Grand Designs NZ: Ambitious concrete house brings unseen challenges video

Six fin walls march down the side of the large concrete house that features in the first episode of TV3's Grand Designs ...
MEDIAWORKS

Six fin walls march down the side of the large concrete house that features in the first episode of TV3's Grand Designs NZ Series 2.

What could possibly go wrong? That's the question asked by homeowner-builder Ross Bannan as he sets out on an ambitious Grand Designs NZ project for his own family.

It is such a leading question in light of what follows, we could be forgiven for wondering if that clip was taped after the event. Hmmm, Mediaworks?

But it's fair to say that right from the outset this was a project on a very grand scale – a huge three-storey house built from concrete poured entirely in situ.

Ross and Maxine Bannan can finally relax and enjoy the house they have spent 10 years planning and building.
MEDIAWORKS

Ross and Maxine Bannan can finally relax and enjoy the house they have spent 10 years planning and building.

"Concrete is one of our more revolutionary building materials," says GD host, architect Chris Moller. "We've gone mad for building our houses with it."

READ MORE:
Grand Designs Series 1: Where are they now?
The unofficial guide to becoming a contestant on Grand Designs
Grand Designs cliff hanger

 

Bannan, who runs his own construction company, is a self-titled "concretologist". He is out to make his own family home a showcase for his business, and it's just as well he has a budget of $1 million. Working with architect David Ponting of Ponting Fitzgerald, he has planned a huge house that maximises a spectacular cliff-top site above the beach in Pt Chevalier, Auckland.

A decorative mirror and chandelier help to soften the look of the board-formed raw concrete in the master suite.
MEDIAWORKS

A decorative mirror and chandelier help to soften the look of the board-formed raw concrete in the master suite.

Ponting actually shows us how it will work by digging a sandcastle version on the beach below. And this is a poignant moment as the architect gets a little emotional – clearly a great project and a great client will do that to you. "It's the only building that's made me cry," he says. Bless.

But you have to hand it to this family. Ross, Maxine and their three children, Jasmine, Troy and Blake have been living in the "east wing" for a few years, which is actually the garage of the new house. And now they are building the rest of the house in the west wing.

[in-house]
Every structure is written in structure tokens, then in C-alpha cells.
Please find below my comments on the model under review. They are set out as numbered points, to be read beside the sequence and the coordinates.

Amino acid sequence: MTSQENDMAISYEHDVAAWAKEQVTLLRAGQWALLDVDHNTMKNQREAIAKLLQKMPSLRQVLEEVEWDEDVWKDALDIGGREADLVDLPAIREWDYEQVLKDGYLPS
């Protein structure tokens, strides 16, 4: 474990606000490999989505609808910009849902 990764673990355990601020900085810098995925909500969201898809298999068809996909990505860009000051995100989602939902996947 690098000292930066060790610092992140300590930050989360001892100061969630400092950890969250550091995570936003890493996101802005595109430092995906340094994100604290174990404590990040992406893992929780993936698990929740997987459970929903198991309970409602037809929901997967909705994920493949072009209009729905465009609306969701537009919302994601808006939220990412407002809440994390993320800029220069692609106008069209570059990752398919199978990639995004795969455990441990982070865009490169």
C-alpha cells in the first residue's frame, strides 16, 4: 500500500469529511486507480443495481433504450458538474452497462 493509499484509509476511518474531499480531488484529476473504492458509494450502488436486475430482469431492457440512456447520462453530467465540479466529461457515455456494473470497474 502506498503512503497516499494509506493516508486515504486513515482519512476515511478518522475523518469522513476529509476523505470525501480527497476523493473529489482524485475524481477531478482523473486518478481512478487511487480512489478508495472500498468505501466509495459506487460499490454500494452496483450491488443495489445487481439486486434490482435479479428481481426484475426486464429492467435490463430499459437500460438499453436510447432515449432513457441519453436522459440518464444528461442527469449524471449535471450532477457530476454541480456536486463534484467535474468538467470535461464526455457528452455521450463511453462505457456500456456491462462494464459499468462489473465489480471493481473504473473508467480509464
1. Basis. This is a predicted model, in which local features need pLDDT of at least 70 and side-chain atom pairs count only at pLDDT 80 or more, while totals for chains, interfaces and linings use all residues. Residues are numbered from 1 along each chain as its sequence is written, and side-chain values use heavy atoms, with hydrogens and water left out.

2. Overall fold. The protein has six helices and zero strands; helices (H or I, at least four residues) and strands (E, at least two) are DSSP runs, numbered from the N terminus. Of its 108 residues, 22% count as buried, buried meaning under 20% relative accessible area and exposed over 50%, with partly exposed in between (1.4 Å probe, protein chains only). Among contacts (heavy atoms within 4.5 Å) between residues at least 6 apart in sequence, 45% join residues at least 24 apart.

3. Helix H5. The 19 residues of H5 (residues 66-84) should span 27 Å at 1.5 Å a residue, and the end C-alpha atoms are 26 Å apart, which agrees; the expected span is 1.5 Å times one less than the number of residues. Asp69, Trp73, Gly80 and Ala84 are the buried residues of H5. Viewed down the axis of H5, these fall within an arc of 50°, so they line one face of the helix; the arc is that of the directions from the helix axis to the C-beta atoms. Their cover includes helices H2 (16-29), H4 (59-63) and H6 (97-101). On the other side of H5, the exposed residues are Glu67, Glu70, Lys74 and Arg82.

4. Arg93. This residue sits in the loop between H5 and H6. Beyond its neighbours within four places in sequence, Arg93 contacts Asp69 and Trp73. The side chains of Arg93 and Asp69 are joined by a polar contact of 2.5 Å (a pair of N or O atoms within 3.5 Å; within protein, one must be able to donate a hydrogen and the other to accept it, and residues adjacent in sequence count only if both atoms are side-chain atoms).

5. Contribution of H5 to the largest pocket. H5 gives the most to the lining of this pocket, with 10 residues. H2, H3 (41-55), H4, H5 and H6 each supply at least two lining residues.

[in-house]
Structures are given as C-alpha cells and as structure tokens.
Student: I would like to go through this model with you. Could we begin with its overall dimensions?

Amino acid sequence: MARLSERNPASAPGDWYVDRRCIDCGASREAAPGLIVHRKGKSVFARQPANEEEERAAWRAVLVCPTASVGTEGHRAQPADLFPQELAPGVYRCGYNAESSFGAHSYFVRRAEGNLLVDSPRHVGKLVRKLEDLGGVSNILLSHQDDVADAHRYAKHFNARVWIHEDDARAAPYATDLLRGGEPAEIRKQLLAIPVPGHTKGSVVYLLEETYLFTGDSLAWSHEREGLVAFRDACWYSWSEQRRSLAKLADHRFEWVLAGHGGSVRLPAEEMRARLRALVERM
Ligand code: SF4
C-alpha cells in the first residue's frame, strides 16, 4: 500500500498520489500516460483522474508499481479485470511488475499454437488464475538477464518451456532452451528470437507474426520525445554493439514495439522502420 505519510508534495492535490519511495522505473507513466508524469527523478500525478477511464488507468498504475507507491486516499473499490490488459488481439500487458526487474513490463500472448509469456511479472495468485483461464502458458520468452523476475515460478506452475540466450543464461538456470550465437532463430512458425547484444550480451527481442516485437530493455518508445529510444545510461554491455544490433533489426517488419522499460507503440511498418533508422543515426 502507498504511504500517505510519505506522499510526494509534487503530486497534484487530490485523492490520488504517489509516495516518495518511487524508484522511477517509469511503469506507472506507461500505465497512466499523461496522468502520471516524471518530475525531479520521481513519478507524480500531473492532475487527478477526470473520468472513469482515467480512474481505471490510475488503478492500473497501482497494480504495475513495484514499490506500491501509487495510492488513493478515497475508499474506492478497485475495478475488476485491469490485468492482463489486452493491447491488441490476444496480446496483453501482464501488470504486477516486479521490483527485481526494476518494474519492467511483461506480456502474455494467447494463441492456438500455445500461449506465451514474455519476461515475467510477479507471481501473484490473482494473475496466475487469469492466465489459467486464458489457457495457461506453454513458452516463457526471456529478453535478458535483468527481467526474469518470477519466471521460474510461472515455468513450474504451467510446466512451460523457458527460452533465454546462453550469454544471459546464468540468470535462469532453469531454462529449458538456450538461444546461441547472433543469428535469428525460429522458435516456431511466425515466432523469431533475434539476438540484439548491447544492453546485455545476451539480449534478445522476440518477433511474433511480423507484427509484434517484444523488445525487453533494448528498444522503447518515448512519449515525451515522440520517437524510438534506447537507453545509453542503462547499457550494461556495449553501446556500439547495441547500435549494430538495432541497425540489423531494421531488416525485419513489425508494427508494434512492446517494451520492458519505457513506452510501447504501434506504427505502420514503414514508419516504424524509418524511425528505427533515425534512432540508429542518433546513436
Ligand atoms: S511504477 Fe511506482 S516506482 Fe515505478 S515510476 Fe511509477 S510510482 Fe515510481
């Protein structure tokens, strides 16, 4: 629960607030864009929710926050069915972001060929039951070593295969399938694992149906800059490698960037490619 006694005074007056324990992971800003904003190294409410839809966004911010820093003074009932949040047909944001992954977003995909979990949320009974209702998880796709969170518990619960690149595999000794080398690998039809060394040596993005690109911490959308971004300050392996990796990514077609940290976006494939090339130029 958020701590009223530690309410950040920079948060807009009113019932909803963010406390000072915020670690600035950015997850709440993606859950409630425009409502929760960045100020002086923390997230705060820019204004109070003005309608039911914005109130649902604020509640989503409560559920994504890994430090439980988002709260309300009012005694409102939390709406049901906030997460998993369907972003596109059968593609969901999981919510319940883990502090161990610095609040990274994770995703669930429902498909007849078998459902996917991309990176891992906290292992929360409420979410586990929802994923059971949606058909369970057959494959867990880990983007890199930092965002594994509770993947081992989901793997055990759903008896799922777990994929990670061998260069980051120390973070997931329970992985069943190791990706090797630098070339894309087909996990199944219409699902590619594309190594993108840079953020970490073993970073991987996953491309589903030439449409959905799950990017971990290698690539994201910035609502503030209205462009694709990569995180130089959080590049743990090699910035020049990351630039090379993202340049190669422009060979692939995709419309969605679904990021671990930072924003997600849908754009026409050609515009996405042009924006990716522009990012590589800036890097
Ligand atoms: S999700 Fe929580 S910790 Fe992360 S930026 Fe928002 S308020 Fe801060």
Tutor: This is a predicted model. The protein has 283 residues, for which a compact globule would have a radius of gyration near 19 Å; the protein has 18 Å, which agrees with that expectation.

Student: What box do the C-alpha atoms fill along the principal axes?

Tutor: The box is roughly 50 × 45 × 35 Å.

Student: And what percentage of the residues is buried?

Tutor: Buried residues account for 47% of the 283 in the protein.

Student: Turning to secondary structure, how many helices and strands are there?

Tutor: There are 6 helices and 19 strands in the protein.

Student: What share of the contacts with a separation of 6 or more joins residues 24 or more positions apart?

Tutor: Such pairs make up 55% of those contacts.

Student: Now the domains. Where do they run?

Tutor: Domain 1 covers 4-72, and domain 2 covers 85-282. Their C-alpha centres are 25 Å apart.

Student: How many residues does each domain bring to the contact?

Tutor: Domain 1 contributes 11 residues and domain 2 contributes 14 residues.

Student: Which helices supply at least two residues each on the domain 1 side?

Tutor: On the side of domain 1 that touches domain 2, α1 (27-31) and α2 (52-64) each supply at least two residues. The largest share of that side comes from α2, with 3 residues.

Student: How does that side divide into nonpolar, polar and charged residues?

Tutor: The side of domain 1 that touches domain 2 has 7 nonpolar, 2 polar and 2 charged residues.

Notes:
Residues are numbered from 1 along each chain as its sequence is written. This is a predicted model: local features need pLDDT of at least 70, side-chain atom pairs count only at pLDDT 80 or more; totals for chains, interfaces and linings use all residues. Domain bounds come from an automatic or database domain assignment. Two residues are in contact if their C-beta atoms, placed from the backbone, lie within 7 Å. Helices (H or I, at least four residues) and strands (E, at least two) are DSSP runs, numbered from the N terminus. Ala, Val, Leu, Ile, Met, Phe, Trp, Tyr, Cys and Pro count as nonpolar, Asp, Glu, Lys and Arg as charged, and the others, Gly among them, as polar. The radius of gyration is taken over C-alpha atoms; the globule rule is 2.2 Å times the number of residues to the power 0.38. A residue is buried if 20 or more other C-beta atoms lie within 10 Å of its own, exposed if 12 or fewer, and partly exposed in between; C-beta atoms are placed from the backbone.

The architecture provides plenty of visual drama – Moller refers to it, appropriately, as a "macro sculpture". There's a sharp apex beside the entry, while six three-story concrete fin walls march down one side of the house, opening up the interior to the views and showing off the form of the building. "As the sun moves around it, these walls play with light, on a very large scale," says Ponting.

We can see "a bit of a sail theme", says Bannan, which is appropriate for a family that loves yachting and other watersports.

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This is a family that all chip in to help – the boys are roped into directing concrete trucks, controlling the vibrating machinery and designing rooms. Dad meanwhile, is busy mixing up special concrete brews that improve the "flowability" of the concrete and the structural rigidity of the house, but they set hard within 30 minutes.

AND THEN THIS HAPPENS

This is all very well, till the last pour of the entire project. A hose pumping concrete explodes and Ross Bannan takes the full force in the face. Temporarily blinded, he is rushed to hospital and the prognosis for his sight is not great, with 100 per cent damage to the cornea of the left eye and 50 per cent to the right.

"It was a real reality check of how things can change in an instant," Bannan says. "It was a full-on life-changing experience."

Meant to rest, he continues to direct traffic from hospital – the children help by enlarging the text on his phone.

A gradual return to work follows, and one day, ten years from the very start, the house is finally finished.

The enormous concrete walls, which retain all the grainy texture of the timber formwork, are complemented on the interior by sleek, dark-stained cedar that wraps around the staircase – a little more than Moller envisaged. "Could it be that Ross's long-term relationship with concrete is on the rocks?" he says.

Maxine's eye for design ensures the furnishings help to soften the hard, raw look of the exposed concrete.

There's also plenty of natural light, which pours down into the living area from an enormous skylight. And there are places where the ceiling compresses, then soars to draw the eye upward. This is a house on a very grand scale, which was just what Bannan envisaged. 

"It was pointless building something normal in my own place," he says. "I've learned a lot of things over the years from building for some great clients and I wanted to bring all the ideas together and build something special."

And he did.

 - Stuff

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